Poverty in South Carolina ranks among the highest in the United States. The Sisters of Charity Foundation of South Carolina works to address the root causes of poverty and its effects in South Carolina “through action, advocacy, and leadership.” The foundation has released a comprehensive report about poverty in South Carolina. Titled South Carolina: Structural Factors Associated with Poverty, the report presents findings from research that quantitatively assesses the factors that contribute to poverty throughout the state.
In 2020, as an outcome of the foundation’s strategic plan, staff members partnered with the Rural & Minority Health Research Center at the University of South Carolina to conduct the research. The explicit goal of the research was “to identify, acknowledge, and examine the systemic and policy factors that lead to, reinforce, and exacerbate poverty specifically for residents of South Carolina.”
The research utilized a structuralist approach, focusing on factors that are outside individual control or are at an institutional, community or public policy level. Investigating these factors with a specific lens towards their contributions to poverty may broaden and deepen the understanding of the needs of people in society.
To access the full report, click here: South Carolina Structural Factors Associated with Poverty Research Brief November 2020
To access the summary report, click here: SC Poverty Study Summary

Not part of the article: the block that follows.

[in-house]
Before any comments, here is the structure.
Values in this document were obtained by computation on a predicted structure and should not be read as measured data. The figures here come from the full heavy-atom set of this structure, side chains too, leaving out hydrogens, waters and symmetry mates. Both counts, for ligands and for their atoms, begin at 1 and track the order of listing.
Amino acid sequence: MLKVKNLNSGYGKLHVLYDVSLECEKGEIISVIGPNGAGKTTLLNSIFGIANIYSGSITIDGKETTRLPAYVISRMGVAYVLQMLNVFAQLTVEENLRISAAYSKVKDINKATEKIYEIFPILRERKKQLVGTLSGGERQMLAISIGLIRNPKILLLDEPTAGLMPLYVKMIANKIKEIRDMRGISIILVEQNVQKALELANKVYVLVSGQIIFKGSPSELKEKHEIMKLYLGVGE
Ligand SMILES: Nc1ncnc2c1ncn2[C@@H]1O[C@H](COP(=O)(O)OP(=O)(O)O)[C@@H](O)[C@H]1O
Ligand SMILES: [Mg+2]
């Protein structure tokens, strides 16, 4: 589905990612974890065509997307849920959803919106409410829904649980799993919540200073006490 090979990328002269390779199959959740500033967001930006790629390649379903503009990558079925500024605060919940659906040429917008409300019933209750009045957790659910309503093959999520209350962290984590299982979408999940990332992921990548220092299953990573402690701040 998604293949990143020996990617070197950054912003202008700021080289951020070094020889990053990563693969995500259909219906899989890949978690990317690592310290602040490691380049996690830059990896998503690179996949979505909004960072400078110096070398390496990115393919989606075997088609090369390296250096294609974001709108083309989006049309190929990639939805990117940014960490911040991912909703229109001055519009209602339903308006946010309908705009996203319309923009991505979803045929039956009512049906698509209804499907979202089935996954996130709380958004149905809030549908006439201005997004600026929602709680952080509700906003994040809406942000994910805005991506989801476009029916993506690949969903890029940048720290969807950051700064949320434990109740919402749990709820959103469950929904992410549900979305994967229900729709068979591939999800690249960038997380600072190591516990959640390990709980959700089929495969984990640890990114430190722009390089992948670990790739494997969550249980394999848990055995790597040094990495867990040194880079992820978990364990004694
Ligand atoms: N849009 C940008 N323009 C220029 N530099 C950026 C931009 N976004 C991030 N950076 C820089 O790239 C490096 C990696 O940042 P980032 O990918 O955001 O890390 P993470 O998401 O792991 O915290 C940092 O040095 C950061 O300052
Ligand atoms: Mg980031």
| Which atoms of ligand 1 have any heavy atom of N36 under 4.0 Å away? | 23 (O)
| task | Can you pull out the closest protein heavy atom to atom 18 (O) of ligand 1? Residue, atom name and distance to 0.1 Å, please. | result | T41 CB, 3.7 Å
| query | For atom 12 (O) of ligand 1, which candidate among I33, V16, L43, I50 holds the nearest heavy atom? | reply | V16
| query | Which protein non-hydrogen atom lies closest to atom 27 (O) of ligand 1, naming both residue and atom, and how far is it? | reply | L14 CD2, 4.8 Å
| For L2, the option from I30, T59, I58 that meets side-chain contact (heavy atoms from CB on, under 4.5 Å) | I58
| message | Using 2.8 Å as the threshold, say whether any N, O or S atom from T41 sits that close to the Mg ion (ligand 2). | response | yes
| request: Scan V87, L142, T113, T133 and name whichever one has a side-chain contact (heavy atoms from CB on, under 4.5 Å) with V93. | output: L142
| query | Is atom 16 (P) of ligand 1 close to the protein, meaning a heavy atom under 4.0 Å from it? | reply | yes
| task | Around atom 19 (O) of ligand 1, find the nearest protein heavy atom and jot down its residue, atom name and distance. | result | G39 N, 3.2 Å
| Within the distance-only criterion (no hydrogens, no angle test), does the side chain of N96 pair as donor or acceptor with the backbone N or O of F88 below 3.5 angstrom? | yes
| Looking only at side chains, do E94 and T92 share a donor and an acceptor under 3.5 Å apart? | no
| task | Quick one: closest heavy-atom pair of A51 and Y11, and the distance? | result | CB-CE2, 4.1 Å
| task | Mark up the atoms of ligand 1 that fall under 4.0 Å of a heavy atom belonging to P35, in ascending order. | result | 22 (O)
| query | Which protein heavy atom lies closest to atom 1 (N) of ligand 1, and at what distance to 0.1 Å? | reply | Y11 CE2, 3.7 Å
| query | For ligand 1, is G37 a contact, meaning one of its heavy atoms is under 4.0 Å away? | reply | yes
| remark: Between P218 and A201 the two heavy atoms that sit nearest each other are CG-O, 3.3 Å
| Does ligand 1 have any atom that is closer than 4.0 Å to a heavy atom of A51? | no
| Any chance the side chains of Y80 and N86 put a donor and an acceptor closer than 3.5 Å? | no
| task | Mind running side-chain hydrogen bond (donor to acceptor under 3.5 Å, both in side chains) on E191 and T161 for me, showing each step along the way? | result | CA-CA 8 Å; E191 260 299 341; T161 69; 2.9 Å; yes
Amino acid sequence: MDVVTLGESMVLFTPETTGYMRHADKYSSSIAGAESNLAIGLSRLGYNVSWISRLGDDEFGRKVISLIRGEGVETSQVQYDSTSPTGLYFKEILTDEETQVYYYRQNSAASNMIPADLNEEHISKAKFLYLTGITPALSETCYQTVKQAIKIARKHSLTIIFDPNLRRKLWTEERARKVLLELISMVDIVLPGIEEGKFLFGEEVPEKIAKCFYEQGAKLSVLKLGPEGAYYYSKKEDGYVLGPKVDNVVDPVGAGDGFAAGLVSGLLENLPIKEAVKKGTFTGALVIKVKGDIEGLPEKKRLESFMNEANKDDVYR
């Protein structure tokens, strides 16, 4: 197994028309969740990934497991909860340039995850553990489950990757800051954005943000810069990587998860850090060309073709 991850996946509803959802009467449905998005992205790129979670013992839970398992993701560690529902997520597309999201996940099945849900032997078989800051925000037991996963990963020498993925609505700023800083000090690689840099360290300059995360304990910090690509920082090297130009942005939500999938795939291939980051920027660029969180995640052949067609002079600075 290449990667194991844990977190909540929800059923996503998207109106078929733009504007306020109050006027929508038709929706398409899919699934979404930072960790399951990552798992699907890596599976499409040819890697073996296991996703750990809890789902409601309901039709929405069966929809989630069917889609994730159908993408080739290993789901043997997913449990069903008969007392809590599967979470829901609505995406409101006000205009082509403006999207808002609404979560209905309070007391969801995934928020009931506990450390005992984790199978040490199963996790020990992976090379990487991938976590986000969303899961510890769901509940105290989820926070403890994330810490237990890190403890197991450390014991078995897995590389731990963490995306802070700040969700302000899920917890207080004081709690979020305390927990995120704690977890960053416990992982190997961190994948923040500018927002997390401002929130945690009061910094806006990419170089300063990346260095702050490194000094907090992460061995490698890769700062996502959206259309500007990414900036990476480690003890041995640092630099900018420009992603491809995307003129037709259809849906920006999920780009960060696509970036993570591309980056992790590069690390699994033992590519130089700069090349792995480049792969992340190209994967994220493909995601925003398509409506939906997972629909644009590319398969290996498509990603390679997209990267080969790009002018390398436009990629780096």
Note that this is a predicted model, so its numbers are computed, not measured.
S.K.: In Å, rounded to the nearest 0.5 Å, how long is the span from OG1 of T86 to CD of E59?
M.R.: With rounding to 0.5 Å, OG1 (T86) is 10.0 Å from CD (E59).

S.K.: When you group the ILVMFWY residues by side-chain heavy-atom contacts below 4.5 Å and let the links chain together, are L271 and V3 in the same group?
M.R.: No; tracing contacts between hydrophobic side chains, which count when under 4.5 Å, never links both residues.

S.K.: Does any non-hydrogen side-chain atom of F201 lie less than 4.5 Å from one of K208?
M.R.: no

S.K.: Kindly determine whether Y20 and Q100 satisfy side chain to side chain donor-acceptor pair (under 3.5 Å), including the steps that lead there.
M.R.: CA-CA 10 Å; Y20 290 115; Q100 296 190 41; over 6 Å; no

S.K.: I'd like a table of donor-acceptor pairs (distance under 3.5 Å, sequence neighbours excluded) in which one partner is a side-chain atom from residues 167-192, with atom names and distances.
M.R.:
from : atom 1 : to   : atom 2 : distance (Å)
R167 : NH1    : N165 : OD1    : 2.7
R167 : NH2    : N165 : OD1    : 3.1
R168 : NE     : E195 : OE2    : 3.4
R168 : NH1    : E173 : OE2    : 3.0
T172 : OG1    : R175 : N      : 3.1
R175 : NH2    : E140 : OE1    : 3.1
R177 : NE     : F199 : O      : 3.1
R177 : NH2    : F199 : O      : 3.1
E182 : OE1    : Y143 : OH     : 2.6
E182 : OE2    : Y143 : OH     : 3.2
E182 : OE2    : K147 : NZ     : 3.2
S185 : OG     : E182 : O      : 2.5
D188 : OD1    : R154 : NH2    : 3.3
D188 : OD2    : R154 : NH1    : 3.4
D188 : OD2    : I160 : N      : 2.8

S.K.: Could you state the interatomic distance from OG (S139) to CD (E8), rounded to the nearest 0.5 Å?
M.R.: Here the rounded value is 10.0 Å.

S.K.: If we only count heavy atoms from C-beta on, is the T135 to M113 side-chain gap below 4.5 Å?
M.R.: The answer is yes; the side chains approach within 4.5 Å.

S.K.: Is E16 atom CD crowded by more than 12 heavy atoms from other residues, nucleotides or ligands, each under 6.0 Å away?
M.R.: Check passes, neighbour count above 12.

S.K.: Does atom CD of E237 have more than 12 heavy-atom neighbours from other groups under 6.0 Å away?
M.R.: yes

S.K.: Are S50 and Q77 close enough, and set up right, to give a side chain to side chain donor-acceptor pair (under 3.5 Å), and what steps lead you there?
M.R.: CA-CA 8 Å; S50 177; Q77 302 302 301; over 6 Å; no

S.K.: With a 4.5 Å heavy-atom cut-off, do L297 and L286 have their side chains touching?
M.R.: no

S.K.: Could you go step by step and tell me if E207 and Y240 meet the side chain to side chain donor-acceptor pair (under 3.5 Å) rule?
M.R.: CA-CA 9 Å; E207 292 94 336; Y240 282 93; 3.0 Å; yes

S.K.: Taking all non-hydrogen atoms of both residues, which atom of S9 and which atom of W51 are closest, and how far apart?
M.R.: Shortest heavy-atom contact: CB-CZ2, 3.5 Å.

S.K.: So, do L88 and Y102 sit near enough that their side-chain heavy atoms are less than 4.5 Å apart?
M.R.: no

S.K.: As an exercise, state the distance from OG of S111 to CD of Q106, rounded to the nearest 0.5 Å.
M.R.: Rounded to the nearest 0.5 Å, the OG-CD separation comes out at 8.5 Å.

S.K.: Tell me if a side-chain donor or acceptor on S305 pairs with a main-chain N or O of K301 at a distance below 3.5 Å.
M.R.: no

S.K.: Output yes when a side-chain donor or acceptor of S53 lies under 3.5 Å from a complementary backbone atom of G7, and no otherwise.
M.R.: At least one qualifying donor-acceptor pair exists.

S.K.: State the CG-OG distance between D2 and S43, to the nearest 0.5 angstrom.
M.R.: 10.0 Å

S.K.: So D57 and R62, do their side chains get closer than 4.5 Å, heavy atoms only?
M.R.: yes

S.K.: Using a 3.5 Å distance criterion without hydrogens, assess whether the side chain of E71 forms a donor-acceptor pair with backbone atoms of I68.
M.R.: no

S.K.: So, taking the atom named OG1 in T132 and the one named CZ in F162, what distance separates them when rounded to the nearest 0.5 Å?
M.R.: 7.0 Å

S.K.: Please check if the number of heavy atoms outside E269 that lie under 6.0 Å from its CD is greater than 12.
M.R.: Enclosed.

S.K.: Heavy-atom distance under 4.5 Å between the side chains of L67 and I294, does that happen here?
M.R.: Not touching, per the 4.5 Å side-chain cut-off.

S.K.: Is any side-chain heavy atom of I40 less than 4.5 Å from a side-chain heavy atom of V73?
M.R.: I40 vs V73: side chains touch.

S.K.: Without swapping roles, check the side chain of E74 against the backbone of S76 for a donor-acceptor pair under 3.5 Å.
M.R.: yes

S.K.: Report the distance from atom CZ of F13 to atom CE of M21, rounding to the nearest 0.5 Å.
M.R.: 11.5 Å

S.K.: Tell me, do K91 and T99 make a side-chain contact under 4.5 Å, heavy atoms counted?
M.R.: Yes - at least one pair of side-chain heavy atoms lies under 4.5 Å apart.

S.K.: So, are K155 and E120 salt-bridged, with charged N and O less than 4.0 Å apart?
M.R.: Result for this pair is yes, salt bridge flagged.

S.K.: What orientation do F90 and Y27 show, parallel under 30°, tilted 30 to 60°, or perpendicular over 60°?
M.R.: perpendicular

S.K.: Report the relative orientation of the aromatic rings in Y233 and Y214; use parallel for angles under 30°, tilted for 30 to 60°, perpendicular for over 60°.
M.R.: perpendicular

WCIV | ABC News 4 shared the news about this important study. Following are excerpts from the News 4 story. The full story is available here: Report: South Carolina poverty rate ranks among highest in nation
The report found that poverty in South Carolina ranks among the highest in the U.S.
According to the U.S. Census Bureau, in 2018, about 16% of South Carolinians experienced poverty, compared to a national average of around 14%.
When talking about eviction rates, it only gets worse.
The data pulled shows 80% of the state's counties are at or above the national average for evictions.
The report says North Charleston has the highest eviction rate in the whole state. 16.5% of people were evicted from their homes in 2016.
That year as well, the state had the highest eviction rate in the nation at nearly 9%.
The purpose of the study is to help find a solution.
"Make sure the community is a part of that discussion that we are collaborating across sectors and that we’re not just depending on one," said Chynna A. Phillips, the Director of Research and Policy at Sisters of Charity Foundation. "We’re not just depending on the government to do something or the non-profits, but really looking to each other and saying I have a piece to play or a role to play in figuring this out."
"Step one is what we’re trying to do with this report – create awareness, let people know that there are these issues that are affecting people again and kind of across economic groups," said Dr. Melinda Merrell, a Professor over at the University of South Carolina. "We need to have some serious conversations about how we moved forward together as a state to really address these issues."
The Sisters of Charity Foundation of South Carolina is a ministry of the Sisters of Charity Health System.
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